Step 3: Record your expenses
It’s time to catch up if you’ve fallen behind in categorising and recording your expenses. Ensure that all expenses are recorded in your accounting program. This is essential for maintaining correct records and will also assist your accountant in locating all of the tax deductions that apply to your company.
This process can be made simpler by keeping track of your expenses throughout the year.
Step 4: Separate business and personal expenses
You run the risk of an HMRC audit if they believe that your company deductions are actually personal expenses. It’s crucial to keep your personal and work costs separate for this reason.
Step 5: Update mileage logs
In order to maximise your business tax deductions before tax season, you’ll want to make sure your mileage log is current.
Software, like Sage lets you keep track of your mileage. However, a simple paper and pen travel journal with your start and end mileometer readings, the date, and the purpose of your trip would also work.
Step 6: Pay vendor invoices
You must settle any unpaid debts your business has accrued in addition to ensuring sure every customer pays you.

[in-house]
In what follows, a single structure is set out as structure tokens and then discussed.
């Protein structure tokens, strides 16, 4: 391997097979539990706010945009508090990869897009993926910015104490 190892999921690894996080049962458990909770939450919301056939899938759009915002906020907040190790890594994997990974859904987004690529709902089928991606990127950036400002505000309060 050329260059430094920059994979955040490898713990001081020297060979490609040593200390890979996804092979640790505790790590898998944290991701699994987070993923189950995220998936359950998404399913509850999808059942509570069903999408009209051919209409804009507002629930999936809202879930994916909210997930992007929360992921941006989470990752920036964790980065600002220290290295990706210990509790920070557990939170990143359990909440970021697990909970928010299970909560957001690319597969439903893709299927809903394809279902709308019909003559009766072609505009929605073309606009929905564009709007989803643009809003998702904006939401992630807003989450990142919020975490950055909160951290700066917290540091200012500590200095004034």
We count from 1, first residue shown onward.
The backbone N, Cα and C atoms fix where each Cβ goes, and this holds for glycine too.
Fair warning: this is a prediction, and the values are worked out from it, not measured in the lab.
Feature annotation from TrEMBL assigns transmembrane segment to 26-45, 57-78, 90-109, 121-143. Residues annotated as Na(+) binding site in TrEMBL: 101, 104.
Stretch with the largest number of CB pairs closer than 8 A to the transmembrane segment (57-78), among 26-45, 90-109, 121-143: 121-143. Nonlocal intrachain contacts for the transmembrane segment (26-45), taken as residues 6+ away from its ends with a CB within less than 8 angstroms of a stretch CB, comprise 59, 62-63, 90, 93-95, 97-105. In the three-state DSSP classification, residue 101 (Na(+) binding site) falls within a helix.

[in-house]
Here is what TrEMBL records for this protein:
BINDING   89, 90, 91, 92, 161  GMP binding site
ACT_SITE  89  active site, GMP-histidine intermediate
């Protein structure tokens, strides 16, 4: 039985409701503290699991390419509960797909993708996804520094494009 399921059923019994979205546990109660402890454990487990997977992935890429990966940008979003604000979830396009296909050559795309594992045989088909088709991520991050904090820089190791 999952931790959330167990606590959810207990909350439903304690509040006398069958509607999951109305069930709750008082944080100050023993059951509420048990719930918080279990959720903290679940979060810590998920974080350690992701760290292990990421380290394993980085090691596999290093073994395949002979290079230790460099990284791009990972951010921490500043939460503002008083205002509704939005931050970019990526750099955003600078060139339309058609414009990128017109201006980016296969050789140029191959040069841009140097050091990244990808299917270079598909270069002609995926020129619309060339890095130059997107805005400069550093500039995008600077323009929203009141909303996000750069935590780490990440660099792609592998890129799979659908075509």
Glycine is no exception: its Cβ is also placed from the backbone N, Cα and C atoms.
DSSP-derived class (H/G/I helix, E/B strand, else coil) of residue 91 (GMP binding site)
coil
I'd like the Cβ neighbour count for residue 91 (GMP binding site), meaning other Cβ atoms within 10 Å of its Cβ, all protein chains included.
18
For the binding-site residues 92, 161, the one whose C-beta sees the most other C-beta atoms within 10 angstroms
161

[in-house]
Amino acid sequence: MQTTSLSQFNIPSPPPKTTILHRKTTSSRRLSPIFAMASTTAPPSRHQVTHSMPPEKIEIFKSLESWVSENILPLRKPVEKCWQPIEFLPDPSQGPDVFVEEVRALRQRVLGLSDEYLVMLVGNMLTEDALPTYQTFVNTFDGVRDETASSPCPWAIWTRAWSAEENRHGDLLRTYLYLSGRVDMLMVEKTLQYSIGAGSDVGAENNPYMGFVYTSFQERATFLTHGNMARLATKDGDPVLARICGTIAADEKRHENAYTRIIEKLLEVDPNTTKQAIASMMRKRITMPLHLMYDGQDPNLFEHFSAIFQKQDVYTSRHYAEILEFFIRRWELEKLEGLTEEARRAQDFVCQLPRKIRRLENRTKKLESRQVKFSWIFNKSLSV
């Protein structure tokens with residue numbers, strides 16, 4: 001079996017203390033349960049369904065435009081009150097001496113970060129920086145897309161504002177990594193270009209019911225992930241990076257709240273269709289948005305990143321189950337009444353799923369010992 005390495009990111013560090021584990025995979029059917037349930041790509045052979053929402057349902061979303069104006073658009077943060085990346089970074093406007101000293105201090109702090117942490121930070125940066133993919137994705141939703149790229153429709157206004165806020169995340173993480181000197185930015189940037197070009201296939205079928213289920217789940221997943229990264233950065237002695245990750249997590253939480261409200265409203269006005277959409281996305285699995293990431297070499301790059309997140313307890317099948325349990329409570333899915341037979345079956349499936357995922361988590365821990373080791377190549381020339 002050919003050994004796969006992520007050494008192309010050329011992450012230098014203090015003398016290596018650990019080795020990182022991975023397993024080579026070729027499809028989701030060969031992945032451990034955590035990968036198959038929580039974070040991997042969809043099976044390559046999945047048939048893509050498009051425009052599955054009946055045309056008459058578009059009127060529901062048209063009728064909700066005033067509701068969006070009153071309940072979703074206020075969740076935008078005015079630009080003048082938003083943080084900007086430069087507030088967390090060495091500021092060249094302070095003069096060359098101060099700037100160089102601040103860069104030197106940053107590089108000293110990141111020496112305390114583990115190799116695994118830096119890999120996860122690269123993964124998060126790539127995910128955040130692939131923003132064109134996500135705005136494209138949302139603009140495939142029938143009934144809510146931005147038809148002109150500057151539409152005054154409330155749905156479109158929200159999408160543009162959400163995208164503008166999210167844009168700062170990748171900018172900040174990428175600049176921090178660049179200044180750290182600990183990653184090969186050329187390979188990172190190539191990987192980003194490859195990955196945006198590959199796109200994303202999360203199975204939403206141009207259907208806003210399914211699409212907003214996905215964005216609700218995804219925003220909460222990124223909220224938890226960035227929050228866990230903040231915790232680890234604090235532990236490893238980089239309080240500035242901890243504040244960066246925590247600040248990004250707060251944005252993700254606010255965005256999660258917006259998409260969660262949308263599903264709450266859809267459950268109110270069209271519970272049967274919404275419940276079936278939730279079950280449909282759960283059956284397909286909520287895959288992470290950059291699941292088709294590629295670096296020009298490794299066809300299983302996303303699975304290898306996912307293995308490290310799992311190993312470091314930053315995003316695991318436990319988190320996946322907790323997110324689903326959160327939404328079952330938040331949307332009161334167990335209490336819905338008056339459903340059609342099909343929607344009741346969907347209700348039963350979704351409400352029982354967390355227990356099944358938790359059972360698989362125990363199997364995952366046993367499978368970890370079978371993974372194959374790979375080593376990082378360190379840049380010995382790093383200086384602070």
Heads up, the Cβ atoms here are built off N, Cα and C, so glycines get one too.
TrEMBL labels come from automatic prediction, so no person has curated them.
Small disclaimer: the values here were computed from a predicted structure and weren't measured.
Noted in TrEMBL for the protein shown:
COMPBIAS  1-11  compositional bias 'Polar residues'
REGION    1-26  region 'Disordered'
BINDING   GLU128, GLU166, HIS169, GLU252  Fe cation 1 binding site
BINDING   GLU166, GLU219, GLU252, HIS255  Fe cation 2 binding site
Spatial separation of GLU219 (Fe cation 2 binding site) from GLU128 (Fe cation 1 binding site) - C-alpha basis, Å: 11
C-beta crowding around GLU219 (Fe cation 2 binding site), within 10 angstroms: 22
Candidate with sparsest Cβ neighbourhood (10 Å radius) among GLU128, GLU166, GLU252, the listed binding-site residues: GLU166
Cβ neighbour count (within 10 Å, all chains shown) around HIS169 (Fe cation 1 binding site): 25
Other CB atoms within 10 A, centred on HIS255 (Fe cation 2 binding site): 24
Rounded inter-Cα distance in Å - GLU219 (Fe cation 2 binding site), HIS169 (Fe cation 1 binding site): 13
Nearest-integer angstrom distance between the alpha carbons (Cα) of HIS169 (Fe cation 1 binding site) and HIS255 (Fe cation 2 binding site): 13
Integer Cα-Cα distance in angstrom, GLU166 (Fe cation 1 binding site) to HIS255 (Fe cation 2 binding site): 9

Step 7: Pay contractors
Before you close your books, make sure to pay all of your contractors. You should also go through a payroll year-end checklist.
Step 8: Reconcile your bank accounts
Reconcile all of the bank and credit card accounts for your business once all of your income and spending have been accurately recorded. Make sure the totals from your official bank statements match the income and cost entries in your accounting software. If they don’t, you’ll need to fix the error that exists.
Once a month account reconciliation can make this procedure go more quickly and smoothly.
Step 9: Update Fixed Assets
Make sure all of your fixed assets are current before you close the books. Any more fixed assets you might have missed should be included.
A long-term asset with a lifespan longer than a fiscal year is a fixed asset.
For instance, if your business bought new computers, they would be categorised as fixed assets as opposed to expenses. A computer is a fixed asset even though you purchased it as an expense because its lifespan is longer than a year.
Step 10: Run Depreciation